Read Jon Ainger's article via The MJ
This article was originally published in Public Finance magazine
These are unprecedented times, and there is no playbook to draw from. Councils have scrambled to respond to coronavirus with rapidly developed plans and reallocated budgets. The challenges are substantial, and also contradictory – there is a need to inject resources in response, whilst simultaneously delivering on existing savings plans in order to maintain financial sustainability. The risk every council faces is that the outbreak derails the delivery of savings, resulting in an unsustainable future.
The good news is that Directors of Resources and Section 151 Officers, with their position of influence across organisational boundaries, can play a crucial role in making sure that their organisations respond to the virus and are also able to deliver both outcomes and budgets. We believe that the following approach – which aligns with key elements of EDGEWORK – is needed:
Think about frontline workers. The thousands of decisions made every day by your frontline staff will be the difference between managing demand and being overwhelmed; between hitting budget or overspending. Are you clear about how you will engage with these officers, and the behaviours they need to demonstrate to deliver change?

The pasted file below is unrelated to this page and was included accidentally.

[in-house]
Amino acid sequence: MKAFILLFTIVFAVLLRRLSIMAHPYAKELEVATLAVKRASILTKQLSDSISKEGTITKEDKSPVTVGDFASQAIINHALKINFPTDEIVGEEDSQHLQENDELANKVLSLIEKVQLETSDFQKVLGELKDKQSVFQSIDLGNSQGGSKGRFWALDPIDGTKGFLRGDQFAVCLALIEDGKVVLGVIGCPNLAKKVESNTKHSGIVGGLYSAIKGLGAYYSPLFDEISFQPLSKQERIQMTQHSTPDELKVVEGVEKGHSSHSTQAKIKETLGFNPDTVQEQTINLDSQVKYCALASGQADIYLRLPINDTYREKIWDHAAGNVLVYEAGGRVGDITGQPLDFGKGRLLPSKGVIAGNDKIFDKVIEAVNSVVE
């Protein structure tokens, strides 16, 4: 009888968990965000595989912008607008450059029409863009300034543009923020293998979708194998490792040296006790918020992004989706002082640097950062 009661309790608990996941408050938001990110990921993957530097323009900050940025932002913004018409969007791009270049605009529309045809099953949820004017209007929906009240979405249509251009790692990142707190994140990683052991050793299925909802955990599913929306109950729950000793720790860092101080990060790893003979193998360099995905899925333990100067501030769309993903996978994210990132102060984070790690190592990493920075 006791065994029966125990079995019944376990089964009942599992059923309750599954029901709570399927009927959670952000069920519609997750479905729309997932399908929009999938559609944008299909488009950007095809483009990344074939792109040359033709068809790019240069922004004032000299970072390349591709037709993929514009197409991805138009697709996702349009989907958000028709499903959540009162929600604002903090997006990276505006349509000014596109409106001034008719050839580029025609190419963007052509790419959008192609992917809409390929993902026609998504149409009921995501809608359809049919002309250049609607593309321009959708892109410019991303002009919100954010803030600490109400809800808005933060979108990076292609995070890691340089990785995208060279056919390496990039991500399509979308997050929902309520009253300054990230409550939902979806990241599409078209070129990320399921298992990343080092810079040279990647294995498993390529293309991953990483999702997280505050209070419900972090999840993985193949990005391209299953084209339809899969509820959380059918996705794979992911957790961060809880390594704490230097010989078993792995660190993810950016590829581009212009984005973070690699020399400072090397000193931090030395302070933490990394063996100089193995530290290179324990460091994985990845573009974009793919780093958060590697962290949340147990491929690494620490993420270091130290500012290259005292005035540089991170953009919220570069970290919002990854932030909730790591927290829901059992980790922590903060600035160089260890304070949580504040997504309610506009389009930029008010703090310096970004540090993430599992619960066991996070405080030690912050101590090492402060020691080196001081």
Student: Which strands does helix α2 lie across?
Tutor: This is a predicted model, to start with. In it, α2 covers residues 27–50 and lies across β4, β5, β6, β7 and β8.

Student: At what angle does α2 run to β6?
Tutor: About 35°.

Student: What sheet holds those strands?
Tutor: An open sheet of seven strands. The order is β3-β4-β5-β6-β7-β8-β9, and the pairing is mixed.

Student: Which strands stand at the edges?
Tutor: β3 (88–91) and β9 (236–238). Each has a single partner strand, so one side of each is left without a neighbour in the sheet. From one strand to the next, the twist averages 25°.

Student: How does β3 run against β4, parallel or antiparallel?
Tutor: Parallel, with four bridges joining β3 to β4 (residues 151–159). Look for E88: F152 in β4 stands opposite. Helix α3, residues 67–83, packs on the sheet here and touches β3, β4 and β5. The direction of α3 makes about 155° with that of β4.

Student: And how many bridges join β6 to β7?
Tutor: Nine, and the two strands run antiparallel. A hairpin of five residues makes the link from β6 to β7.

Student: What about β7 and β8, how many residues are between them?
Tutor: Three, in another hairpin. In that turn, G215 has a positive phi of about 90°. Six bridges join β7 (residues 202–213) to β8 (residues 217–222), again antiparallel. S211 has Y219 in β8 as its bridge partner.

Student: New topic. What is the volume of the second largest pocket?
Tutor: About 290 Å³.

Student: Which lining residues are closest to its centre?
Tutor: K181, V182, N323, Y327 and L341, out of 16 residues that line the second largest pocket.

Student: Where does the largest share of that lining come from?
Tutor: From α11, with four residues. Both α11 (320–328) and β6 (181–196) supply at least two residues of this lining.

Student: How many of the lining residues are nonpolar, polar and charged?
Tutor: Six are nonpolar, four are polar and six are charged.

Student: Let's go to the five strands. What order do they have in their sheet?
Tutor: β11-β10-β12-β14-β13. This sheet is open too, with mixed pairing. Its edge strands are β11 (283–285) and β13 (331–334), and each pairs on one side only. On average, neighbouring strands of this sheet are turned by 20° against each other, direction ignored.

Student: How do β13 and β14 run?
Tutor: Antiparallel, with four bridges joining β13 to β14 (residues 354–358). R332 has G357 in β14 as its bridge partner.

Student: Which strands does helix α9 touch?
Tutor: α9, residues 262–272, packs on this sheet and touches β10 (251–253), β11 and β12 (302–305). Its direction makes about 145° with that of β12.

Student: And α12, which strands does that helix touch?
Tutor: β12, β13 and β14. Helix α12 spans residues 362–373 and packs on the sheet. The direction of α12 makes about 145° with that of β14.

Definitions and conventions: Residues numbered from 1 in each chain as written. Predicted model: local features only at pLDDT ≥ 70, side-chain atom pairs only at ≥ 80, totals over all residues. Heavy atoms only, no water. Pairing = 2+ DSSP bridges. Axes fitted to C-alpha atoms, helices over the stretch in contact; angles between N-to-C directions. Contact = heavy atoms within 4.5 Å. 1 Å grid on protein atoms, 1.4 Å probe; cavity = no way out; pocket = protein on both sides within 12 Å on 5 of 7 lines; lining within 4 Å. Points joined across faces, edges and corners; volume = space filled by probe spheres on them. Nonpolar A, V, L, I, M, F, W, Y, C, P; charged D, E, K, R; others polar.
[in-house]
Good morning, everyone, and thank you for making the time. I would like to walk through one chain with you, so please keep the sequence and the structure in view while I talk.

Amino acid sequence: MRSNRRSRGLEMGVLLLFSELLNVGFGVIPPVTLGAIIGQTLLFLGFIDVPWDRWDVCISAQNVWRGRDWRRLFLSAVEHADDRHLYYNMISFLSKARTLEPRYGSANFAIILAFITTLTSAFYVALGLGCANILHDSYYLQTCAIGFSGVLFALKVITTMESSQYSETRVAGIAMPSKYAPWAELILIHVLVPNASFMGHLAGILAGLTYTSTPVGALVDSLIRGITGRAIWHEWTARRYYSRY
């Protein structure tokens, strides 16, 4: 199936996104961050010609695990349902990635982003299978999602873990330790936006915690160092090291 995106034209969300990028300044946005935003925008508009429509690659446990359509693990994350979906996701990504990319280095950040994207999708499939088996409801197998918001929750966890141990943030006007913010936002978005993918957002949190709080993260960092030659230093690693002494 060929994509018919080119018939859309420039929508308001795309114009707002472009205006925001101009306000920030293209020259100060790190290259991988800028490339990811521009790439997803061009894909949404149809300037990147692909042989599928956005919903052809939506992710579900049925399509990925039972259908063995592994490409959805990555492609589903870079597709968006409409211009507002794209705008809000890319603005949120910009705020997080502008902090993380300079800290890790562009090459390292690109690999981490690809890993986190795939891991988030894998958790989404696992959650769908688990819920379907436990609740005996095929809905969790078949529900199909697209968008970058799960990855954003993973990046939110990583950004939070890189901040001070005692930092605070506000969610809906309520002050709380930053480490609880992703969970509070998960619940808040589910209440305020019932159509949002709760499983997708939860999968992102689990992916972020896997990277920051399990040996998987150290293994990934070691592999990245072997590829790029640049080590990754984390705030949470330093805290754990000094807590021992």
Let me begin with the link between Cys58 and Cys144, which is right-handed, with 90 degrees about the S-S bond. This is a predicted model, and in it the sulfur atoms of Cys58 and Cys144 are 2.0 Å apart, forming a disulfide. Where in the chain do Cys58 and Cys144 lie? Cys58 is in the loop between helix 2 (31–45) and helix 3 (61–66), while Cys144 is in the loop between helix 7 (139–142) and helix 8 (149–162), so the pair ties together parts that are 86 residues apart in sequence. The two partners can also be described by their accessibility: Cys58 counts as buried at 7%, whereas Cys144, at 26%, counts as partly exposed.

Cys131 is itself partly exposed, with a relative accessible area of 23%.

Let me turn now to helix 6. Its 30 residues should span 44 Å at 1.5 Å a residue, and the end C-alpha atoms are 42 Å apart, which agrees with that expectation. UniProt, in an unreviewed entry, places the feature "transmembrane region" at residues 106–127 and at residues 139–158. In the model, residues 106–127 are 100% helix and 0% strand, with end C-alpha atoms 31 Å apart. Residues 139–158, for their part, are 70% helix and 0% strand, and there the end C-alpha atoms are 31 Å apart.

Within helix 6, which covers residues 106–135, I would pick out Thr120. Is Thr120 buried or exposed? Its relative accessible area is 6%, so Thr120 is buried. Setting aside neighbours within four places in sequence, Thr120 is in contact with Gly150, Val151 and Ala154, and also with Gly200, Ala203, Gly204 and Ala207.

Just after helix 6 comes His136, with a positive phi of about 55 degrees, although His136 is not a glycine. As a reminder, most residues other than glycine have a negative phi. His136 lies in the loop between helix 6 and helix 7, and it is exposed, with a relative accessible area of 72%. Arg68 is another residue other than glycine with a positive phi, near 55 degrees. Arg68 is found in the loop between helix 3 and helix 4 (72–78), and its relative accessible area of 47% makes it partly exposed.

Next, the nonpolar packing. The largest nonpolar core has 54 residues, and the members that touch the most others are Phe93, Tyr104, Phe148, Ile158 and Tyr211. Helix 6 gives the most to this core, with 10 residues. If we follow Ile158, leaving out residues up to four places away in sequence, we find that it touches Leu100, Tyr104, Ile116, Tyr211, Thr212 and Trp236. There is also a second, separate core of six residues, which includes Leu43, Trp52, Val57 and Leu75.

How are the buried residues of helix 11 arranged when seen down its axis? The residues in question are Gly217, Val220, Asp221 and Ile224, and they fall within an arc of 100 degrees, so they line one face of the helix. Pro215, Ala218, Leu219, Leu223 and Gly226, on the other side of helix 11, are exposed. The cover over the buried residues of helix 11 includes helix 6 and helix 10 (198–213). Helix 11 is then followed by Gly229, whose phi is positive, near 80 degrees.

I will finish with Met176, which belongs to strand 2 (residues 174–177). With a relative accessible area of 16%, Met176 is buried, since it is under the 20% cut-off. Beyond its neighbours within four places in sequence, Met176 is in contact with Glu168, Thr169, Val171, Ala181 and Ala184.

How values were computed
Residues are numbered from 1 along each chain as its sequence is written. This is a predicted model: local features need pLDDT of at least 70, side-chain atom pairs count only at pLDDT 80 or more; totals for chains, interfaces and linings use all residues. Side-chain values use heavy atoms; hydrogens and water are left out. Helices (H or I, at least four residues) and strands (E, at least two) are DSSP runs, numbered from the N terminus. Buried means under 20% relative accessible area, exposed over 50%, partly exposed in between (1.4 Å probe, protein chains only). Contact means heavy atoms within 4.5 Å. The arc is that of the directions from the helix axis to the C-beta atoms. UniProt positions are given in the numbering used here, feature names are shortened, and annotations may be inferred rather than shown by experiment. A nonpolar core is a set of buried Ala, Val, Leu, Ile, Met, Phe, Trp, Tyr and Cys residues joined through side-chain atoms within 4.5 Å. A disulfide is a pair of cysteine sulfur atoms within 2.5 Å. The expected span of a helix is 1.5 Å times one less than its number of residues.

Ensure behaviours are properly understood. Change is driven by getting people to alter behaviours – are you clear about whose behaviour may need to change, how it should change and what might prevent this? For example, are you asking residents to behave differently by supporting elderly neighbours or washing their hands more frequently, or your staff to make decisions based on changing criteria?
Consider the interfaces between teams and organisations. The public sector is complex: no organisation works in isolation and council budgets in particular are susceptible to the decisions made by health, police schools and a whole range of other partners. Who could influence your demand, and therefore your budget? How are you working with them to influence their decision making and identify joint opportunities?
Know if your plans are working. Once you have answered the questions above, and your short and medium term plans are in place, you will need to know if they are working. With so many unknowns, how will you monitor the true impact of coronavirus on demand and on budgets? Do you already have a framework in place, or are you going to wait for your finance report at the end of Q1? Having a clear set of trajectories that are understood, communicated and acted upon is the final piece of the jigsaw needed to get through the coming months.
In times like these, the need to ensure that services are sustainable is stronger than ever. By keeping tomorrow on today’s agenda, Directors of Resources and Section 151 Officers can ensure that councils are in the best possible position make it through the challenges.